- By Native News Online Staff
WASHINGTON – Two members of New Mexico’s Congressional delegation introduced bills on Tuesday to approve the water rights claims of four tribal Pueblos in the state.
Sen. Martin Heinrich (D-N.M.) and Rep. Teresa Leger Fernández (D-N.M.) introduced a pair of bicameral bills to approve the claims of the Pueblos of Acoma, Jemez, Laguna, and Zia, as well as participating non-Tribal parties.
The legislation, introduced in the Senate and House, would implement two fund-based water settlements.
One settlement would involve the Pueblos of Jemez and Zia, the United States, the State of New Mexico, and non-Tribal parties. The other would be between the Pueblos of Acoma and Laguna, the United States, the State of New Mexico, and non-Tribal parties. The settlements are “strongly supported by all parties involved,” according to a news release from Heinrich and Lujan.
“These bills will finally unlock critical water infrastructure funding from these settlements and ensure these Pueblos have the autonomy to ensure their communities can access the water they need,” Heinrich said in a statement. “The timing is especially important as water—our most precious resource in New Mexico—continues to be threatened due to the climate crisis.”
The legislation will help ensure that the government honors its trust responsibilities and fulfills agreements it made with the Pueblos, according to Leger Fernández.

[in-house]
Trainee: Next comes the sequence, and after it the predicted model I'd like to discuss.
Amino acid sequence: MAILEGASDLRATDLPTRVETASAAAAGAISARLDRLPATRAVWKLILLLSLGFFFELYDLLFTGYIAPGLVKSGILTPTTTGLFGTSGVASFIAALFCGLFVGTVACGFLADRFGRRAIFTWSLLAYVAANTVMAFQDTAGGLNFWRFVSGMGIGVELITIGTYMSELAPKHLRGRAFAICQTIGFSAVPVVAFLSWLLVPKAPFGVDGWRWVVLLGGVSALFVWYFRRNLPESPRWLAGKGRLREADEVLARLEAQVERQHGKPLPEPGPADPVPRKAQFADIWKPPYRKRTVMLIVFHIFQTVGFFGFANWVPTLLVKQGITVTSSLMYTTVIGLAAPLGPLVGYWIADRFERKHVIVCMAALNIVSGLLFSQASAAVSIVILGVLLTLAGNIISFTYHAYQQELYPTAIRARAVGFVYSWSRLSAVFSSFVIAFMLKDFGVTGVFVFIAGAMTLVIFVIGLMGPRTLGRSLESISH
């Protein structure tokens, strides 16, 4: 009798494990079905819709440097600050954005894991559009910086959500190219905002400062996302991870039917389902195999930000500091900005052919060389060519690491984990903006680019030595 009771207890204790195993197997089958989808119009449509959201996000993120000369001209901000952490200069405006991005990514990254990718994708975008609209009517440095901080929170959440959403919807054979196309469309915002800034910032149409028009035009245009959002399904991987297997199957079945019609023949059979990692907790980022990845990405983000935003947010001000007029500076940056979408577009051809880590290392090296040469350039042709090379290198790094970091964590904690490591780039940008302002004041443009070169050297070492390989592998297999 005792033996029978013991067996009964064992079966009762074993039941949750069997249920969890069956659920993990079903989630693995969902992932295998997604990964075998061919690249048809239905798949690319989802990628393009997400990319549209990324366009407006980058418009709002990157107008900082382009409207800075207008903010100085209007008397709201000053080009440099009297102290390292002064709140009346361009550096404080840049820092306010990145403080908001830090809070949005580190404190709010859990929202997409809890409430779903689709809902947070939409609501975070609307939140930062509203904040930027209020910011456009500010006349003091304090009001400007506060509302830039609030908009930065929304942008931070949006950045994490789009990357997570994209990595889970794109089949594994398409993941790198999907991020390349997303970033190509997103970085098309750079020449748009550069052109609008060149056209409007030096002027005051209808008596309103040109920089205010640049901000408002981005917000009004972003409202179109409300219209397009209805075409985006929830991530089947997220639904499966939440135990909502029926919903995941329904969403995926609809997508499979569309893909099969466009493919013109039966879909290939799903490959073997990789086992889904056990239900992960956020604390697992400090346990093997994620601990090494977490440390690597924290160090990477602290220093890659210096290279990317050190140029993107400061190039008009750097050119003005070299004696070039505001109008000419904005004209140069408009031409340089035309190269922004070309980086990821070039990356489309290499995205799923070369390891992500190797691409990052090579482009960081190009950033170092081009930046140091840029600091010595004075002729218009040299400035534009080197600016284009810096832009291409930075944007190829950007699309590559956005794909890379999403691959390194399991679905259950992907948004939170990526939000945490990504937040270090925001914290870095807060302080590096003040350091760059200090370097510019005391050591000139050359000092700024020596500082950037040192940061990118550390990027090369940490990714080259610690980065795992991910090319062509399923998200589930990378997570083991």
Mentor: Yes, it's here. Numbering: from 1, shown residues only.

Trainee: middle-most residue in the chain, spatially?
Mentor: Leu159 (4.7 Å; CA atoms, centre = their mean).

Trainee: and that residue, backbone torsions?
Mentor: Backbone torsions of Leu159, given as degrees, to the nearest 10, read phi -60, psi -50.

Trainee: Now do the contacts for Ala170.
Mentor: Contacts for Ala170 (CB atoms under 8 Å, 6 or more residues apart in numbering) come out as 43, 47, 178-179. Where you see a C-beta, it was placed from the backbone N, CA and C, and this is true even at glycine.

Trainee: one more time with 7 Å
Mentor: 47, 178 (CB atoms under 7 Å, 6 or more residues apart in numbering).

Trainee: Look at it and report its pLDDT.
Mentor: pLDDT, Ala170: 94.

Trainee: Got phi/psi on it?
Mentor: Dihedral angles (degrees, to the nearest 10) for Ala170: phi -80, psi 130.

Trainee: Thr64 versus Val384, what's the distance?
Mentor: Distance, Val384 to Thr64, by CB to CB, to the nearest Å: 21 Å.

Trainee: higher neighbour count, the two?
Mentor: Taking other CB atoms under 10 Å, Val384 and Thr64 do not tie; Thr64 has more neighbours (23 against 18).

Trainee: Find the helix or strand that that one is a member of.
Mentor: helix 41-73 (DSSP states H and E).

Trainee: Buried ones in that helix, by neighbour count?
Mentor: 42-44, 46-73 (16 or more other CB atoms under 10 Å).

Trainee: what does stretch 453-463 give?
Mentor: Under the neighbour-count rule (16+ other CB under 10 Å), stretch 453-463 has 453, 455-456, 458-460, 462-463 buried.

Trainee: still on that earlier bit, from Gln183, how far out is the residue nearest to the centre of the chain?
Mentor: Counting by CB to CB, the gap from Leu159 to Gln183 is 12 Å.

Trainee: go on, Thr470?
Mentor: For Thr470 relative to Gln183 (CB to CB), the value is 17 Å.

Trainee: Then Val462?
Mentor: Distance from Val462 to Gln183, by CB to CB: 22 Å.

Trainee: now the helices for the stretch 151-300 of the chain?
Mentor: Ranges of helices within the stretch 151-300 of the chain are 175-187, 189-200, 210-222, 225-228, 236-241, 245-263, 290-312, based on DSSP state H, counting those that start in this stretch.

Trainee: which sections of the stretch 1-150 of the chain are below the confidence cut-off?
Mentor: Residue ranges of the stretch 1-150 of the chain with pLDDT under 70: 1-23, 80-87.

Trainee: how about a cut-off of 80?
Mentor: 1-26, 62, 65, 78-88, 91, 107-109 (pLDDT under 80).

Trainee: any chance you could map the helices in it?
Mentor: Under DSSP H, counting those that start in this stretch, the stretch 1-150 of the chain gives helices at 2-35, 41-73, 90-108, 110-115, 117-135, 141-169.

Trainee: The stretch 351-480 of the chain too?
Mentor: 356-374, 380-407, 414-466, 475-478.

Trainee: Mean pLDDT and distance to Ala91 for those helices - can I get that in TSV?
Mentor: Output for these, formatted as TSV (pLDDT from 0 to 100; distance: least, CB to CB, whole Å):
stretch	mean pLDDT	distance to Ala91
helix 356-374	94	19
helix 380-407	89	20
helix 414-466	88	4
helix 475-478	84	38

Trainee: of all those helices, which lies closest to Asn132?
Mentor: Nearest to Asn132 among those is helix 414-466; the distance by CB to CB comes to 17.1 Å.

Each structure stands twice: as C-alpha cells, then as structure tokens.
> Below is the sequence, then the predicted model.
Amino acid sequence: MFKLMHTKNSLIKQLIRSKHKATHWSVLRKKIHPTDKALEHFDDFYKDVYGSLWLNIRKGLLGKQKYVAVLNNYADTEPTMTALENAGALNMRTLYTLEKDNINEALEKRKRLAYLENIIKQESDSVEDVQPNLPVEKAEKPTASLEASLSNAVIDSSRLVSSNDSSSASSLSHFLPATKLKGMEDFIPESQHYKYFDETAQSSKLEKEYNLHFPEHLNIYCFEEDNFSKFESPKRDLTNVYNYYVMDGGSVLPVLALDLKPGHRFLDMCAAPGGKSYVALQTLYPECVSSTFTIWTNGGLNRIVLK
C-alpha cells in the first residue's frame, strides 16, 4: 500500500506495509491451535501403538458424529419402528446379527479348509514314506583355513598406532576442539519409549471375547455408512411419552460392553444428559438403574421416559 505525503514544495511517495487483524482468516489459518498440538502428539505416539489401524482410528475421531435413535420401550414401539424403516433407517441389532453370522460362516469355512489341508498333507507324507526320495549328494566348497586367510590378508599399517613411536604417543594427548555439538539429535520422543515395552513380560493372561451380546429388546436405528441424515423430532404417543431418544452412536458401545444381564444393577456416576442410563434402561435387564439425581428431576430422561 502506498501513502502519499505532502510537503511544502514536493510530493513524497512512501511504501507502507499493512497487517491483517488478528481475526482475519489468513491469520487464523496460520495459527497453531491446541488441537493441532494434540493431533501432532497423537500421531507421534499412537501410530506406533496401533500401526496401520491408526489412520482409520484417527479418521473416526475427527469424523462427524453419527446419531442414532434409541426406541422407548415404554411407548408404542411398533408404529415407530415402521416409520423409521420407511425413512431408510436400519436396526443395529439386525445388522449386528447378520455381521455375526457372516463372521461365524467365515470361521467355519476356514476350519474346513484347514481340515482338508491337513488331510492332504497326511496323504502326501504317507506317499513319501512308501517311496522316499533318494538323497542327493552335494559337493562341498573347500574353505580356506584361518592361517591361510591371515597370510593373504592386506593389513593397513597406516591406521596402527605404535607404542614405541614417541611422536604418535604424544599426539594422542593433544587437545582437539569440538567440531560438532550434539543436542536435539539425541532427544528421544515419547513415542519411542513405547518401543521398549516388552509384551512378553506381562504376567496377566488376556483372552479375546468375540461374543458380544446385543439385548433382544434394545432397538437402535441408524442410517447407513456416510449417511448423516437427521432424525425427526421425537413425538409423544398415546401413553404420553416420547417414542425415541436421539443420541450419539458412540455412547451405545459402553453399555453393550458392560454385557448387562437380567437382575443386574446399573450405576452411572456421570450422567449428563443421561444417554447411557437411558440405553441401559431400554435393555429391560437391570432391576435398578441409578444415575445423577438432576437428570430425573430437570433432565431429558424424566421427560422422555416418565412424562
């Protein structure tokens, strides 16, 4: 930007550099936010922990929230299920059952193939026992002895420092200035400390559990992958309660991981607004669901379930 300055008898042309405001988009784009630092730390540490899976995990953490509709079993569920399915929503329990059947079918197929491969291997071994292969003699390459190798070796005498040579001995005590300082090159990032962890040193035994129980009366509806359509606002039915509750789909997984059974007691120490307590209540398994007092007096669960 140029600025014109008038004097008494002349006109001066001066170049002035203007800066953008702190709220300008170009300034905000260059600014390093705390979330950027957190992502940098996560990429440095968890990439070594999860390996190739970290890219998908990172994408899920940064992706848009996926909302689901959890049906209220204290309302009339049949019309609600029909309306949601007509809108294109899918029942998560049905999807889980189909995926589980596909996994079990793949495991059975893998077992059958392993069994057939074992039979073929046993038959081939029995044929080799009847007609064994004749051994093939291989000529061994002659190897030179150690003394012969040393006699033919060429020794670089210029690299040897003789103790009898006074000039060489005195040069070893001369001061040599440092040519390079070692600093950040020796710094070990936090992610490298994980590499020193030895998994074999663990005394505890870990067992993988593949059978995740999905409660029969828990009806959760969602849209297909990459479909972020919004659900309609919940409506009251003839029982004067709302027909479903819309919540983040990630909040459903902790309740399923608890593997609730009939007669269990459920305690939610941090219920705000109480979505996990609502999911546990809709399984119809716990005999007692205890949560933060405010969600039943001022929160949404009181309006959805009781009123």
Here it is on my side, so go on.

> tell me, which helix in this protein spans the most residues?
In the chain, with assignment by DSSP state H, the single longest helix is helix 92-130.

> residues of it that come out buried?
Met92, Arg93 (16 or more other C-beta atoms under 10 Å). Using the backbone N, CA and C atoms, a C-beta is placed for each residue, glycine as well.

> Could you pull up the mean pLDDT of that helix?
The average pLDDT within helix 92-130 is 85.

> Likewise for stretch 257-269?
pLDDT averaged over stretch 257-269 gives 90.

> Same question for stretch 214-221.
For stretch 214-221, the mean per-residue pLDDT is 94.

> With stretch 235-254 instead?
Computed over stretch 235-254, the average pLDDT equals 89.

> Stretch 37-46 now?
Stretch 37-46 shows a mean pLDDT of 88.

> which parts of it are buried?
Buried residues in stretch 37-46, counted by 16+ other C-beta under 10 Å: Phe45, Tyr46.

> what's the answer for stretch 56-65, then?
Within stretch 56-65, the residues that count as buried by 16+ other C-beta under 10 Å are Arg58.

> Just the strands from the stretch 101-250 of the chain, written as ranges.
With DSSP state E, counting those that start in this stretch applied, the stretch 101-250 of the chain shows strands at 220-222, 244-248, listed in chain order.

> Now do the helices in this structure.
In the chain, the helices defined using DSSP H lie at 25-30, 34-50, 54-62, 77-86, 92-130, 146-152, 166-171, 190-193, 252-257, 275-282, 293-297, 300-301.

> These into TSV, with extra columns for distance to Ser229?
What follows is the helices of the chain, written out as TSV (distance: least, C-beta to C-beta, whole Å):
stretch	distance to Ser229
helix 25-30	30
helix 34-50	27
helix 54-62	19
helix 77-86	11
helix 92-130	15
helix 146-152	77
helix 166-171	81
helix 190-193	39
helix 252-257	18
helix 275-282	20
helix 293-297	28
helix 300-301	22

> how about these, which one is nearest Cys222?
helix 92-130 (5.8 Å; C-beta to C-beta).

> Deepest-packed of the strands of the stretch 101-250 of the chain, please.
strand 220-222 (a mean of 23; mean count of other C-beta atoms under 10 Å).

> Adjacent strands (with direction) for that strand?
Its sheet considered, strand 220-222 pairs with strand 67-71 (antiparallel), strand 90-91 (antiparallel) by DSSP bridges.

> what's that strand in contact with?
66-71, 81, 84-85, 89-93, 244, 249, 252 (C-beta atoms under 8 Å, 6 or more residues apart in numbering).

“The Pueblos have revered water since time immemorial. Leading by example, they have conserved and treasured this precious resource for generations,” she said in a statement. “These bills move us toward greater equity and water security for tribes, acequias, local communities, and all New Mexicans.”
The Pueblos of Jemez and Zia Water Rights Settlement Act, would approve the water rights claims of these respective Pueblos and other parties in a fund-based settlement for the Jemez River Stream.
The Pueblos of Acoma and Laguna Water Rights Settlement Act, would approve the settlement of water rights claims of these respective Pueblos in the Rio San José Stream System in the State of New Mexico, and for other purposes.
Both bills are cosponsored by U.S. Representative Melanie Stansbury (D-N.M.) and have received support from the Pueblos, non-Tribal organizations, and state and local entities.
Tribal leaders of the four Pueblos praised the legislation, which comes after decades of litigation and negotiations, calling the bills “historic.”
“Resolving these outstanding water claims facilitates management of the State’s water resources in a way that assures water security for decades to come” Pueblo of Acoma Governor Randall Vicente said in a statement. “This legislation also rights some historical wrongs that we have experienced with the illegal appropriation of our water by upstream users.”
The agreements settle long-standing water disputes before the courts and “provide certainty” for the four Pueblos and surrounding communities as they cope with persistent drought and the effects of the changing climate, New Mexico State Engineer Mike Hamman said in a statement.
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